The Tel Aviv-based Chyutin Architects recently won a competition for the new Museum of Tolerance in Jerusalem, replacing a previous scheme done by Frank Gehry. The museum is located at the heart of modern Jerusalem’s rejuvenated city center, on the borderline between the spacious Independence Park and the urban environment. The location is a meeting site of three main streets which differ in character and function.
The building is divided into two horizontal wings: a three floors floating upper wing which hosts the theater and social meeting spaces, and a two floors lower sunken wing which hosts the children and the adult museums exhibition spaces. The entrance floor is located at the level of the public square hosts a restaurant and gift shop. The entrance floor is leading up to the floating wing or down to the sunken one. A four-leveled lobby connects the floating wing and the sunken one. Part of the floating wing is suspended over ground level, creating a gap, or a doorway, from the city to the park.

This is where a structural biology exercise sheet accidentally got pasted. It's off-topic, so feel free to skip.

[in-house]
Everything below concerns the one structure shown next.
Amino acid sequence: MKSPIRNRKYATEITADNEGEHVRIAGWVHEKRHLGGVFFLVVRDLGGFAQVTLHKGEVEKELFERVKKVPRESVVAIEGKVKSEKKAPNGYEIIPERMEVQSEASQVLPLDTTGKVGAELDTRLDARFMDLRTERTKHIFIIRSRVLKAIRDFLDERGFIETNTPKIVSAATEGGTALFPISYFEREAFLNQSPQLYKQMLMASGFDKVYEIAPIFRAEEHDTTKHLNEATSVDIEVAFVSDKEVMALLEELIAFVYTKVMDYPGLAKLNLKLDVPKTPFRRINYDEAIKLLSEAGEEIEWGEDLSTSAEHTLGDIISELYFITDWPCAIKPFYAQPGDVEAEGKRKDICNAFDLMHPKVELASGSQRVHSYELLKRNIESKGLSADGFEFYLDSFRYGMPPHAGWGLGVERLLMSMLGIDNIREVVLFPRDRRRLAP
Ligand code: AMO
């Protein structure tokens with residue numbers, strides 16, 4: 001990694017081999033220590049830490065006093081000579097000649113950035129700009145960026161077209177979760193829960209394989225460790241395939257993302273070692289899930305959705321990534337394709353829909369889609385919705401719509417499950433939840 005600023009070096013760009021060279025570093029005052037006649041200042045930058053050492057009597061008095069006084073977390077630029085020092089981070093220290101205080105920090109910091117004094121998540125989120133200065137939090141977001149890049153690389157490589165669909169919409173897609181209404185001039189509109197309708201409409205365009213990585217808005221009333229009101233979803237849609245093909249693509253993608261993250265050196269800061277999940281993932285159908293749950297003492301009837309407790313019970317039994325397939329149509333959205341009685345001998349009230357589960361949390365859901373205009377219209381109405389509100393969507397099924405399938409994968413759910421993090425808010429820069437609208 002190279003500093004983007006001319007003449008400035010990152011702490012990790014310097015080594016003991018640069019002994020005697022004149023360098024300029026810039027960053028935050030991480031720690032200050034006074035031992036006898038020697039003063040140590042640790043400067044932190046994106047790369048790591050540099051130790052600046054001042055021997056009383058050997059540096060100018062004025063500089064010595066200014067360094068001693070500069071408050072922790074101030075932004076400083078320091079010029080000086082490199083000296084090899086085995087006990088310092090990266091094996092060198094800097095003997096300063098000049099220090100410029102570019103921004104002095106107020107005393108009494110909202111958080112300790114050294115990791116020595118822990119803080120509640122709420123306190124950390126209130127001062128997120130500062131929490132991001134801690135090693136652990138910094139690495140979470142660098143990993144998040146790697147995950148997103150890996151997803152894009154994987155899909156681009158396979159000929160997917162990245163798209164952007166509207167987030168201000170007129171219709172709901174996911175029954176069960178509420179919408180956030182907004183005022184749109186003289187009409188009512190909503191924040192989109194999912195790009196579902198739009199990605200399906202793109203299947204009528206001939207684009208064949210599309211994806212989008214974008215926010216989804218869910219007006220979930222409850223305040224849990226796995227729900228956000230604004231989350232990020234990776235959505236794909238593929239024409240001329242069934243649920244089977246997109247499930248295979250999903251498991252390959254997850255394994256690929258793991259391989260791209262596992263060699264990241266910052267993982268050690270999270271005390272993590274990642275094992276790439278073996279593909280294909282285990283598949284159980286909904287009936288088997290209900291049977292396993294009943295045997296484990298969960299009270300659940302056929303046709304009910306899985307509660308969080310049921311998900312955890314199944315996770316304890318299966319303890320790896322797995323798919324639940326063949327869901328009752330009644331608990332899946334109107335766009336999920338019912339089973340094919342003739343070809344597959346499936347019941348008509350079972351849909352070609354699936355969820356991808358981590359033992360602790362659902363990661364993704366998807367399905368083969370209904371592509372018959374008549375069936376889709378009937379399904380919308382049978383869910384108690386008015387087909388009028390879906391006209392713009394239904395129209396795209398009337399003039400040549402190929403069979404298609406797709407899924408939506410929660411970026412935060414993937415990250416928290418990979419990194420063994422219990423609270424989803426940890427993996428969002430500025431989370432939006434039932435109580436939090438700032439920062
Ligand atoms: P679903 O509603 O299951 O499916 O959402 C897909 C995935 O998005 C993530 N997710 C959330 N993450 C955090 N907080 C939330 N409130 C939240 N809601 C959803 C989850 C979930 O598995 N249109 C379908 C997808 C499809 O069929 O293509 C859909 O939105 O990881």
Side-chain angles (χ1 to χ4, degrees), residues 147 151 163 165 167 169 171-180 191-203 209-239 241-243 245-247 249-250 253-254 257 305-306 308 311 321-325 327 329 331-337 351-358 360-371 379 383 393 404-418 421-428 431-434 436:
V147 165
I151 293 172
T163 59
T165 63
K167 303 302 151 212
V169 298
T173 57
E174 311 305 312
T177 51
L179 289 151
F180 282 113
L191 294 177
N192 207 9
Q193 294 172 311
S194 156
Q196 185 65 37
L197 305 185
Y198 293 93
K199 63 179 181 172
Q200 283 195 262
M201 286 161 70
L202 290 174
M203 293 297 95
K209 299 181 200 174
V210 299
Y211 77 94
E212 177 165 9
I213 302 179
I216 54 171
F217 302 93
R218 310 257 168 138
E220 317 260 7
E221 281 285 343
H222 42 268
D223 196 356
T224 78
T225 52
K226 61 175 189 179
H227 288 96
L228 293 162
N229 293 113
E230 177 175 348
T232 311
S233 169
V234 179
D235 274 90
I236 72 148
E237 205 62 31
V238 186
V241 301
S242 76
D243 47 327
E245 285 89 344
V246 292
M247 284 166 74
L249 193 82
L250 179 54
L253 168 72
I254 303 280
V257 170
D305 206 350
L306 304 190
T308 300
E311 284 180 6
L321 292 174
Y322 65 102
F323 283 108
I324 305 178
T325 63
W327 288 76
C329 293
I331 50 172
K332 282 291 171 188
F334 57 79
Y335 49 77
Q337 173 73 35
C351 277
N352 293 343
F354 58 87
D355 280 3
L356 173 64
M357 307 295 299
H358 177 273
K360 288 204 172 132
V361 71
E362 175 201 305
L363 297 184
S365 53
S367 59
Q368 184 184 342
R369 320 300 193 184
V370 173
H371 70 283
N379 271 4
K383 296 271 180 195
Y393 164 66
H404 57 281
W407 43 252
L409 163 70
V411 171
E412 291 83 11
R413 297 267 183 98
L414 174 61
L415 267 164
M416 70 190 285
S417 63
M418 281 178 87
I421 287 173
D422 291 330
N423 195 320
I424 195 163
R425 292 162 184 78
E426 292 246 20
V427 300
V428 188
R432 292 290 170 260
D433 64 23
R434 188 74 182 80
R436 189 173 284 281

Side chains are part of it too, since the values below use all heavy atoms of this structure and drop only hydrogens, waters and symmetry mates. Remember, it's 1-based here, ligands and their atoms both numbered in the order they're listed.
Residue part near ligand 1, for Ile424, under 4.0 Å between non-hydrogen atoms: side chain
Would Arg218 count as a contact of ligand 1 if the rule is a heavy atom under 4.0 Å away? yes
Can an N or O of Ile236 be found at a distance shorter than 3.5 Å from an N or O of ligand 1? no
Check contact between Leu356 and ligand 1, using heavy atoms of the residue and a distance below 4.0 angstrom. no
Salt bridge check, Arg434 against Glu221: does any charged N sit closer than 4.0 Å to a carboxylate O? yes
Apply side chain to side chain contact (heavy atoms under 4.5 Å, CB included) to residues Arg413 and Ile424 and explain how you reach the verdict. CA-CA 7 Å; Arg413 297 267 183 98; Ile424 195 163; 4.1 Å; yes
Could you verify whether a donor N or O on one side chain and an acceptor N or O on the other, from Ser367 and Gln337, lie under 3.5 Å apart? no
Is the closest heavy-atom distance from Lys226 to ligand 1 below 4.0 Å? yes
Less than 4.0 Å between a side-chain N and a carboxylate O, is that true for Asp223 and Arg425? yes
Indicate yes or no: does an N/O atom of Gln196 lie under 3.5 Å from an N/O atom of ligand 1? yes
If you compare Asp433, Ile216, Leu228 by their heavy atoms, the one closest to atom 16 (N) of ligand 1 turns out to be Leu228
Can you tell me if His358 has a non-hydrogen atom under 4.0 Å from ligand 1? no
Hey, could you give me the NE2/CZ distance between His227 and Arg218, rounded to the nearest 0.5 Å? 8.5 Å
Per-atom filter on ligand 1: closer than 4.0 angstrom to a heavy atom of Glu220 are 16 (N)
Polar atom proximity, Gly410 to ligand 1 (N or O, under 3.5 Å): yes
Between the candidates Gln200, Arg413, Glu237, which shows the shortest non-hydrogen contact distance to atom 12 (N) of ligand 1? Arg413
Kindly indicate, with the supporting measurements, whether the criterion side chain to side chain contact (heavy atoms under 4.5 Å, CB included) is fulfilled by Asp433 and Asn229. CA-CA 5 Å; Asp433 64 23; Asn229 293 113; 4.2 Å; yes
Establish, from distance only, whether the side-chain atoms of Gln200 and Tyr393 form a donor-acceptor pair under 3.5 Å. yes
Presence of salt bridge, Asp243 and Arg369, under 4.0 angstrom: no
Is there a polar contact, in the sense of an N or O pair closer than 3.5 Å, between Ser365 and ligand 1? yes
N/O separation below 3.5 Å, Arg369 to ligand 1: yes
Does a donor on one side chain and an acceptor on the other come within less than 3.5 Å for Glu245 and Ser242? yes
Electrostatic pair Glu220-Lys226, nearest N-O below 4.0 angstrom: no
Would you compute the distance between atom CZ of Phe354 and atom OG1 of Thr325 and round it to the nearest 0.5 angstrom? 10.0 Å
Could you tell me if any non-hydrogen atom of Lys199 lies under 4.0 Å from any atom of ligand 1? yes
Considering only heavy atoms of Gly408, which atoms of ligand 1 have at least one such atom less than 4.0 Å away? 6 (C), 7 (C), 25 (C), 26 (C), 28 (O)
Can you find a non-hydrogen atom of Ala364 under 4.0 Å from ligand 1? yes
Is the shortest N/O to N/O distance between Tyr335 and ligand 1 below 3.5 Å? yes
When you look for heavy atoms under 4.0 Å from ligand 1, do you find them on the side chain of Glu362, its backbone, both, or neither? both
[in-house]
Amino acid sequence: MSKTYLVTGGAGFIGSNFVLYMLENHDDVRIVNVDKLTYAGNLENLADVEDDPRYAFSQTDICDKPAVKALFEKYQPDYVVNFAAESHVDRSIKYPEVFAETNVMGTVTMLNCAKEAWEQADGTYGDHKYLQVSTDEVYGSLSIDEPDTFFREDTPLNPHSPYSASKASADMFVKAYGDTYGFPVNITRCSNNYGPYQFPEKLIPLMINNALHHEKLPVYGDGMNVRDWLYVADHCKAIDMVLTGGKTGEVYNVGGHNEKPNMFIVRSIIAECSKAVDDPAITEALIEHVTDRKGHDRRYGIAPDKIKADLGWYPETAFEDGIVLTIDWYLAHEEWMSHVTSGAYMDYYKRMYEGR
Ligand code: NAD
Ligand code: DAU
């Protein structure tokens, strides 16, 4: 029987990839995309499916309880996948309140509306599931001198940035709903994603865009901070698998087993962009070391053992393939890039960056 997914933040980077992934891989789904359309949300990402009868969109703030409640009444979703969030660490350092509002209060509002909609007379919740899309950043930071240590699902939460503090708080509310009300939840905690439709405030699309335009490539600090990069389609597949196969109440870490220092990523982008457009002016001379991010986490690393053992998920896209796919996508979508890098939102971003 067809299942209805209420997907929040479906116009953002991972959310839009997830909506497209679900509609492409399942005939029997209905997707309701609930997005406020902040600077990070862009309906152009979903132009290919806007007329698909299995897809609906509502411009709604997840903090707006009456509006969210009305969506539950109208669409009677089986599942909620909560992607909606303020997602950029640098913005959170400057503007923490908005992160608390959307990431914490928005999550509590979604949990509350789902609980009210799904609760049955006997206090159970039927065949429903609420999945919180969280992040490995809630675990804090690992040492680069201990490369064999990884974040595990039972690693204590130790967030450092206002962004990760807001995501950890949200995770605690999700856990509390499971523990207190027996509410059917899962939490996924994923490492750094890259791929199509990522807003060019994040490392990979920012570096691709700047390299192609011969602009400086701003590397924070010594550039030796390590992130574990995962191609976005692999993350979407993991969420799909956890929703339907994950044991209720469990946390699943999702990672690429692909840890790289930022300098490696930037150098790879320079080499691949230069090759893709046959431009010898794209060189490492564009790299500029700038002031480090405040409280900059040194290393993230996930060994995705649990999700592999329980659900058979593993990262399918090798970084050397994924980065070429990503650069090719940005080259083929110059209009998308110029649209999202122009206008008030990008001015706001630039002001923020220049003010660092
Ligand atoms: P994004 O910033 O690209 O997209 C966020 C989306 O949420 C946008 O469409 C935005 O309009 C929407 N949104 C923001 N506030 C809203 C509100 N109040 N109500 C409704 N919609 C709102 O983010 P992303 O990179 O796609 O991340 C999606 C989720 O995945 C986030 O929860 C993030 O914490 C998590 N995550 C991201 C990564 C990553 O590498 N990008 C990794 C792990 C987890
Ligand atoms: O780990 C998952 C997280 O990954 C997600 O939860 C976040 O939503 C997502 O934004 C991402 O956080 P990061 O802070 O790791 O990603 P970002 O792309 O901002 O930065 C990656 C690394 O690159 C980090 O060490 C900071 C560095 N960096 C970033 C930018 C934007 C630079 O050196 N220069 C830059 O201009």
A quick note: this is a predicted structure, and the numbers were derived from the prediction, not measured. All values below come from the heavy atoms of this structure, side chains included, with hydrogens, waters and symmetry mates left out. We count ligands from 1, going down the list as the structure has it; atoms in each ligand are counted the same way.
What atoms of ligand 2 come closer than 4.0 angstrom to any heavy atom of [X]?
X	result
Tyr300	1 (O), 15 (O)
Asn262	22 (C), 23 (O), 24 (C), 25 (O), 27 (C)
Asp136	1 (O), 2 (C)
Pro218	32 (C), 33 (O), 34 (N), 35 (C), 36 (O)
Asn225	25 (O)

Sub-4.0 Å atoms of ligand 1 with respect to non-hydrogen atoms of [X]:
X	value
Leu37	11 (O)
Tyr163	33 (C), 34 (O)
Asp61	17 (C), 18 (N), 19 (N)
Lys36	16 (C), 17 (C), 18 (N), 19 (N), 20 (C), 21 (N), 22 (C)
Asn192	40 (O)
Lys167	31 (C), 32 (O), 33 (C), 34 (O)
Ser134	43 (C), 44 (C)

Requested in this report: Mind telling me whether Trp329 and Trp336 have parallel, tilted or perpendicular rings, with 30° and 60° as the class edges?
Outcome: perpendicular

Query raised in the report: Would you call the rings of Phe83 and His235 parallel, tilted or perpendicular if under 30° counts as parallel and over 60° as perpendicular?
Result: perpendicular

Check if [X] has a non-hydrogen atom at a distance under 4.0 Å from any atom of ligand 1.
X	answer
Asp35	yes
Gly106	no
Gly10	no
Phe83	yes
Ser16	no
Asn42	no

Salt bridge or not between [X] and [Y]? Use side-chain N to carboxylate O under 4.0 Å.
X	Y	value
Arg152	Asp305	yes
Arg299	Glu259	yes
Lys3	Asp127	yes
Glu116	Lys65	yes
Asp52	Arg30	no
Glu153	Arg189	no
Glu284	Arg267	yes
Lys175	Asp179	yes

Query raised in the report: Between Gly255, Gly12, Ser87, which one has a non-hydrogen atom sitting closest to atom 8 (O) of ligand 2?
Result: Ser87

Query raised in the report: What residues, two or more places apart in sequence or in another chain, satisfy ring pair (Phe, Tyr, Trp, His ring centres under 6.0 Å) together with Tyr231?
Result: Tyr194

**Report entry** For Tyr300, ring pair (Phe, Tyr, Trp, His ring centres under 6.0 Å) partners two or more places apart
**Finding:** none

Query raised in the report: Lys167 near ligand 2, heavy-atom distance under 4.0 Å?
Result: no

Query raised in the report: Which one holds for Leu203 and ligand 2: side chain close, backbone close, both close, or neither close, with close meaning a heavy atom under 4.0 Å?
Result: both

The archeological garden serves as an outdoor space for the sunken wing, contributing to the activities of the exhibition spaces. The garden is connected to the street level by a terraced slope which can be used as a seating area for outdoor performances.